Morgan: In terms of dividend recaps, I suspect the bulk of dividend recaps have been done.  Now, that’s not say that there won’t continue to be a steady flow of dividend recaps.  Debt is important to execute transactions.  We’ve tried to be very disciplined about using a prudent level of debt, not letting debt set the price of the business for example.  We are seeing some indications of very high levels of debt and some very high prices.  Those tend to be situations we’re not going to pursue.  But I think there is overall a healthy amount of leverage in the business.  You know, there’s been a hiccup, for example, with the Bernanke’s announcement of easing of QE2 where the markets pulled back a bit in May and June.  They seem to have rebounded.  So what we’re looking for is a healthy, steady, reliable level of debt and I think we have that now.

Snow: Maybe this is an opportunity to talk about what I believe was your most recent acquisition.  It was in the energy space.

Morgan: A company that is now called Shelf Drilling and we bought basically the jack-up rig fleet of Transocean.  A jack-up rig is basically a drilling platform working in relatively shallow water, so call it 300 feet, that floats into position and is jacked up on legs.  I think you can probably visualize them.  So this is a fleet of some 38 vessels working around the world.  In our case, from West Africa to Singapore.  It was a carve-out of a business from Transocean, a business without audits or a senior management team per se. We built the management team now up to a group of over 100 in Dubai which is geographically the center of our business. And there is significant international demand for energy, for hydrocarbons, principally oil, and deep water is what you read about for the most part. Shallow water is a very steady producer. Most offshore hydrocarbons still come from shallow water.  Now, there may not be massive new discoveries in shallow water – that’s what they’re looking for in the deep water – but the cash cow and demand remains very strong in shallow water and we think we are now a market leader in that sector.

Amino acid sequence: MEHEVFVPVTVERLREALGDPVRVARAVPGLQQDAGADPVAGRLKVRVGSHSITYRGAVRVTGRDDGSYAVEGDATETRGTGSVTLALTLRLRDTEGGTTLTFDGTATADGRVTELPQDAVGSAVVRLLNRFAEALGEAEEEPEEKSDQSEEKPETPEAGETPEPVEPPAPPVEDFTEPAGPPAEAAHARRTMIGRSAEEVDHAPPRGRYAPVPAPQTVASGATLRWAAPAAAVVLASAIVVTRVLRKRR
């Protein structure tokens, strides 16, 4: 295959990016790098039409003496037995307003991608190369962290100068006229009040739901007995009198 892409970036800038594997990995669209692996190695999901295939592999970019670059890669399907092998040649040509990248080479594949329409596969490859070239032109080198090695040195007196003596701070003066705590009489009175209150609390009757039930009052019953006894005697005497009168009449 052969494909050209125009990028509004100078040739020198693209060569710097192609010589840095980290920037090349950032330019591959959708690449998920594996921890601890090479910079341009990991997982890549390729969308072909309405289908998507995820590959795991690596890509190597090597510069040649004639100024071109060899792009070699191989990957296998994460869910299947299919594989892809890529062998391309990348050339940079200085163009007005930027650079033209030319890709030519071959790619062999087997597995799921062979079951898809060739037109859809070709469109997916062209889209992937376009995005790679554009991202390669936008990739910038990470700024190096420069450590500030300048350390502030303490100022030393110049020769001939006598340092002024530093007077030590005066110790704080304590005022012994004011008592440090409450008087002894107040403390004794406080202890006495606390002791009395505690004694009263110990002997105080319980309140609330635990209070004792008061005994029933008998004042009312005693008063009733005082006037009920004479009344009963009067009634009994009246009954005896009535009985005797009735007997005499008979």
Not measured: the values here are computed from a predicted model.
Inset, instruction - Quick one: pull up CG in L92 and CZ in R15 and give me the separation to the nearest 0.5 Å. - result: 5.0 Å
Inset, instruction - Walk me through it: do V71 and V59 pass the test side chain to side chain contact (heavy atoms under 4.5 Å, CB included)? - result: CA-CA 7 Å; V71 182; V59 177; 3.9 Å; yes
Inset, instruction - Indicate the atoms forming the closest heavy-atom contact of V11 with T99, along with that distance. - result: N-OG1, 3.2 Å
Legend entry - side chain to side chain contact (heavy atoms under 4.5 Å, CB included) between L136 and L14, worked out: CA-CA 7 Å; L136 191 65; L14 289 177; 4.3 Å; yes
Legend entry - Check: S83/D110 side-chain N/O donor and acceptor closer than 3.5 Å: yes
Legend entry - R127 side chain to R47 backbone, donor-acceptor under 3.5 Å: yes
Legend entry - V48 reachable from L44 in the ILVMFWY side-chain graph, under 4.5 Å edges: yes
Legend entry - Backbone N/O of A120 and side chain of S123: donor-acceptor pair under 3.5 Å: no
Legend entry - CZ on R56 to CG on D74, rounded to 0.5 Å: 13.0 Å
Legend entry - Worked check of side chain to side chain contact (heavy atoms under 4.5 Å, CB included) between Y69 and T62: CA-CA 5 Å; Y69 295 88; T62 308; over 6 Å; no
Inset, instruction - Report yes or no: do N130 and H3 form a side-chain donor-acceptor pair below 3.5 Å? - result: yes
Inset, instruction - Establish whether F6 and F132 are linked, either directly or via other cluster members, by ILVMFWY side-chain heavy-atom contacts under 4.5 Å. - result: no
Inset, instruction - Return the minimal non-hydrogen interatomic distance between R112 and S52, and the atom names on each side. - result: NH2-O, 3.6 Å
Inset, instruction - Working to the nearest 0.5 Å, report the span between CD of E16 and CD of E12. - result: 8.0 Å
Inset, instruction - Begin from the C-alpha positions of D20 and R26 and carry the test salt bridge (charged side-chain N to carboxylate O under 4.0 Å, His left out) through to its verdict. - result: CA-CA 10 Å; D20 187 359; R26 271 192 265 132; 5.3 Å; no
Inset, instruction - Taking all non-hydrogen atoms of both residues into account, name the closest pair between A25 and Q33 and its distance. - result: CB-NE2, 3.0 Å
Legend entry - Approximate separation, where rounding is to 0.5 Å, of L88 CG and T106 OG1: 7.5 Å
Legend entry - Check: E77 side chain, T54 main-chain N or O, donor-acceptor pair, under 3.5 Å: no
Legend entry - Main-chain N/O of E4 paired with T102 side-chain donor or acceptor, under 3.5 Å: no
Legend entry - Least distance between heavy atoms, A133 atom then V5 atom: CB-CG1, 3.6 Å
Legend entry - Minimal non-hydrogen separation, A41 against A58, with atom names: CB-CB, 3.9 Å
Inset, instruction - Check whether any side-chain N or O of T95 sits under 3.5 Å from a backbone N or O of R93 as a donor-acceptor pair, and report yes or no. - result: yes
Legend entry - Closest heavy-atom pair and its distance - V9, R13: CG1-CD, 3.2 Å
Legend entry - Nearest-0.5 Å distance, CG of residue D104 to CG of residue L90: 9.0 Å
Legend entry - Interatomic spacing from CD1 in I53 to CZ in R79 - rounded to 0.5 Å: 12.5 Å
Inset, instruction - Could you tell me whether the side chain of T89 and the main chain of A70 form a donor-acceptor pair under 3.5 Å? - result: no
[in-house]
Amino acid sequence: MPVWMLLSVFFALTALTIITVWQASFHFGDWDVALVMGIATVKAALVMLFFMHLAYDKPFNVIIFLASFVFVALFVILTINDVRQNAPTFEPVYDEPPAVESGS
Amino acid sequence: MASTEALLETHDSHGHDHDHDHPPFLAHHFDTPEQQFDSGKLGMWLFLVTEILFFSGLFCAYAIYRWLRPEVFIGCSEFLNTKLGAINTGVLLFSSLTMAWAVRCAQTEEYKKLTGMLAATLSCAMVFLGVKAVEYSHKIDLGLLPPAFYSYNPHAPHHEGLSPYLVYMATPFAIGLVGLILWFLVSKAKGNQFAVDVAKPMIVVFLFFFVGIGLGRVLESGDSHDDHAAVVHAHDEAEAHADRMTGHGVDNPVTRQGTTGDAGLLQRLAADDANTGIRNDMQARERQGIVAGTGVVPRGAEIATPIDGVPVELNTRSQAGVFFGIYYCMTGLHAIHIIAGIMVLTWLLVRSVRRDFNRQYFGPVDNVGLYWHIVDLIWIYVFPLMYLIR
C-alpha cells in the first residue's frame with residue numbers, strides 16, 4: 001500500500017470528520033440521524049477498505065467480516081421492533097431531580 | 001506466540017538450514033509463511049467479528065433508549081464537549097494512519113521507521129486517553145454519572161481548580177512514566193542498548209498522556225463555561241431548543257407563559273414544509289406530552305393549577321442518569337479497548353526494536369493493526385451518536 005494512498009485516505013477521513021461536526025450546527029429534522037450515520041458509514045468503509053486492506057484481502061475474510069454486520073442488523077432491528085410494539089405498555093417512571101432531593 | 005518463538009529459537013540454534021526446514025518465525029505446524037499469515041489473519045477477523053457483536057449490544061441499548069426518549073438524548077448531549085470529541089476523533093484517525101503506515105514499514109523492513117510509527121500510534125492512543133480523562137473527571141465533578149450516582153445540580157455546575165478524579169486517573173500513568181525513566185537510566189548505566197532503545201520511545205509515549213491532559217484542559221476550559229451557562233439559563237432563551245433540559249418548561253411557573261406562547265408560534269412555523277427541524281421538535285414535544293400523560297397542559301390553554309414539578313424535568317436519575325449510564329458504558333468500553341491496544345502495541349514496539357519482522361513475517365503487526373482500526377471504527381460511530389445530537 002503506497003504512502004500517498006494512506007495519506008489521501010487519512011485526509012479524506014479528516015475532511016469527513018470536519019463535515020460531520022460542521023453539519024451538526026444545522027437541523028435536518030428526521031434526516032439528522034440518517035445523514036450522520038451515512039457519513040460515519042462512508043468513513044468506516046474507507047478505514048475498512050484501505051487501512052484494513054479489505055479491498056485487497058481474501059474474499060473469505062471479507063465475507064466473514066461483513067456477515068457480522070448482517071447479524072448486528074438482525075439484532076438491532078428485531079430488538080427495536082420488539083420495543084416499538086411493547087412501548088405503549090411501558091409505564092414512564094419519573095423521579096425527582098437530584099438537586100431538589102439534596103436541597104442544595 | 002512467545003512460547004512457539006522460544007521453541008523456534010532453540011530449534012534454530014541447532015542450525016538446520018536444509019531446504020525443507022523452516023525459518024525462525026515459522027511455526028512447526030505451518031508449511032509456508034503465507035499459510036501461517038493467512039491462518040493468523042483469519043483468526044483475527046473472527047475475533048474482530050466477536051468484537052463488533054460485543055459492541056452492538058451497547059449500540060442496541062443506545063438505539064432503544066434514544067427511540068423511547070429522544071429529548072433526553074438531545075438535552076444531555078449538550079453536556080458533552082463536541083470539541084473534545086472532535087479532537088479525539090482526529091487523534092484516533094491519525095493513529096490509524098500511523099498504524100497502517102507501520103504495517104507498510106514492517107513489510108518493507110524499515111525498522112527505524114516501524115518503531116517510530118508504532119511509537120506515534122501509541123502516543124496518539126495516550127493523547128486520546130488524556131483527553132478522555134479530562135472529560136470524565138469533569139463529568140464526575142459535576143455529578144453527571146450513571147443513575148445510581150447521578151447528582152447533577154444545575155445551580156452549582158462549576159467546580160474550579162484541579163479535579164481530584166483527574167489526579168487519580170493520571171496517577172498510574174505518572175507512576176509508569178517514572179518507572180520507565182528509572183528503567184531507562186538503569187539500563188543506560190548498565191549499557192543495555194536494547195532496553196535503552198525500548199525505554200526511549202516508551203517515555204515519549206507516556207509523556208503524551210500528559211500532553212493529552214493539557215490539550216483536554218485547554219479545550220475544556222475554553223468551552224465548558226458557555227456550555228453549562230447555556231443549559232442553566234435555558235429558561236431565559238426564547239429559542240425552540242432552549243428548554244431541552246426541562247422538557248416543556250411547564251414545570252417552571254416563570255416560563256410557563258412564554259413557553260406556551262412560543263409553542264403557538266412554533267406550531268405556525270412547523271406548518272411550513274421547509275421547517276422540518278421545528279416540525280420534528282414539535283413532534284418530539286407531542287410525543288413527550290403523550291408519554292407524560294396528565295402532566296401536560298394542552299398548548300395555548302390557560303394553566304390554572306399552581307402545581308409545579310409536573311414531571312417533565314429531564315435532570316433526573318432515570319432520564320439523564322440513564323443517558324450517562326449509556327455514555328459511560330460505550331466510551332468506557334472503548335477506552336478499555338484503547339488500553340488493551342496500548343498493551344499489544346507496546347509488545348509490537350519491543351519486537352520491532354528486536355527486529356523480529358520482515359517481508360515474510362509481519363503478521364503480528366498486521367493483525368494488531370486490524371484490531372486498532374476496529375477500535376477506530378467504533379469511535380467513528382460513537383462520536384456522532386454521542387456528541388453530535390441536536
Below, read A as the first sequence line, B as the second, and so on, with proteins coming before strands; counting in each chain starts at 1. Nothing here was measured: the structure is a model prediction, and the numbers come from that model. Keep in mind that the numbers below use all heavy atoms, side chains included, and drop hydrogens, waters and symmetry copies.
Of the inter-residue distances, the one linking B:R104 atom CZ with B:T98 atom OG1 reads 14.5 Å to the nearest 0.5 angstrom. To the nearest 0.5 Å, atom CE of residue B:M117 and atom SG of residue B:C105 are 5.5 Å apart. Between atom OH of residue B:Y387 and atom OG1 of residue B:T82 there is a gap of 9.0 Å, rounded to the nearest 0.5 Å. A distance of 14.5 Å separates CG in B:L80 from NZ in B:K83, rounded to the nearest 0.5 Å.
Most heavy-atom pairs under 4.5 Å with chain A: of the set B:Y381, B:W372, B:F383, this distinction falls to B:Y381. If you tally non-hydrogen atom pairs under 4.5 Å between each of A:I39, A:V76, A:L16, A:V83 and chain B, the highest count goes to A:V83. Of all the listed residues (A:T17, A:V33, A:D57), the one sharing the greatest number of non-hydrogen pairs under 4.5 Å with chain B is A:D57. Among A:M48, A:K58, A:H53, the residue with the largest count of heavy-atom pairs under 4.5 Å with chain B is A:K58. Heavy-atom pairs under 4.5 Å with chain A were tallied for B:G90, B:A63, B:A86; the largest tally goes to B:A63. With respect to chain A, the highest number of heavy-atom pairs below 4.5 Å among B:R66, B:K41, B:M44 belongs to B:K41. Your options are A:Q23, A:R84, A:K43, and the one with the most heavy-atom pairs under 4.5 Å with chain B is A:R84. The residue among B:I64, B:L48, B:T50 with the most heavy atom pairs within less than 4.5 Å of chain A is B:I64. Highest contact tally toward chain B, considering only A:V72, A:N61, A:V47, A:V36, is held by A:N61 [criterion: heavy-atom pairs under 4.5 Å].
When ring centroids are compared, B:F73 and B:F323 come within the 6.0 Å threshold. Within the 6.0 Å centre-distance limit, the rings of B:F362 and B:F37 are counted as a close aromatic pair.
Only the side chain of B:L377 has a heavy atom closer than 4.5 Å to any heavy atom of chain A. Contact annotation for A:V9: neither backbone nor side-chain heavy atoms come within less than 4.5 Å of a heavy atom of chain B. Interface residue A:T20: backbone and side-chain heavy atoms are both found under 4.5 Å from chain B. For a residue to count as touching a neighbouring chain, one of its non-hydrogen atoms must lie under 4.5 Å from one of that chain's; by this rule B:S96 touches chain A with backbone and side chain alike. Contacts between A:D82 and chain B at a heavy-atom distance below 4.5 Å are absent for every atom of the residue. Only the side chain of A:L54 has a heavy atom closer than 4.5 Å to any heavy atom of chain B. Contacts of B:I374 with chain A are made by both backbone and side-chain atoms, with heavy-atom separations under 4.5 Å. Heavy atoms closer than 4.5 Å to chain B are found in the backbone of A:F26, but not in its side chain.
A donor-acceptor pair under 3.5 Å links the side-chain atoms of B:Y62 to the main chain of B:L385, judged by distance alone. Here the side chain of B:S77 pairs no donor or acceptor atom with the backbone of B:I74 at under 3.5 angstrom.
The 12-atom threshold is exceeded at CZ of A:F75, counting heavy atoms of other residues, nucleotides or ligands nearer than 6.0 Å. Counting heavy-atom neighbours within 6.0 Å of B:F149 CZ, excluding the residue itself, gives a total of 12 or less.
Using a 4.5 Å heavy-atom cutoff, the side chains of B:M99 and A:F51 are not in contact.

Snow: Can you talk a bit about the way your firm sources deals and how that is unique and how perhaps it’s evolved over the years?

Morgan: Well, we believe in seeing as many deals as possible and that’s been a constant.  With a 25-year brand we do see a lot of transactions.  See about 1,000 ideas a year, sign three to 400 confidentiality agreements, visit 50 companies, get very serious on ten and do two.  In some years it’s zero and some years it’s four.  I’m oversimplifying but we try to see as much as possible.  We try to generate proprietary deal flow by meeting management teams, by speaking at conferences, by basically being out in the field.  The Shelf Drilling was a bottom up concept focusing on shallow water opportunities when basically that was very contrarian.  Most investors and companies were focusing on deep water.  So it’s just a sampling of how we try to generate flow.

Snow: So you had the idea for shallow water and then an opportunity presented itself –

Morgan: Well, in this case there were four or five opportunities and this was the one that actually closed.

Snow: A final question that has to do with the evolution of Castle Harlan.  You are co-president.  How has your role evolved and how is the firm sort of situating itself for a next generation of leadership?

Morgan: I have a co-president, Bill Pruellage, and we’ve, you know, forged a very close bond.  We’ve worked together for 17 years and he and I are providing the next generation of leadership.  We have a great young team that is evolving which we’re working very closely with.  The founders of the firm remain very active.  I think they’d like to stay active and we’d like to see them stay active.  They are taking a more advisory role.  They like to be very involved in the building of our companies.  They both have great rolodexes and great credentials that are wonderful tools in terms of convincing management teams to work with us and also providing additional leadership for the growth of our portfolio companies.

Snow: Would you give any advice to private equity firms that are perhaps as old as yours and trying to figure out sort of how to make that transition?

Morgan: Well, I think the key advice is that it’s a journey, not a destination and, we have learned that an evolution is a good process.  Investors are looking for tangible signs and evidence, so you have to be able to provide that.  And I think doing so in between fund raises is the most effective.  I think it’s a mistake to try to have a dramatic change just on the eve of a fund raise and expect investors to buy into it as if it had been an evolution between fund raises.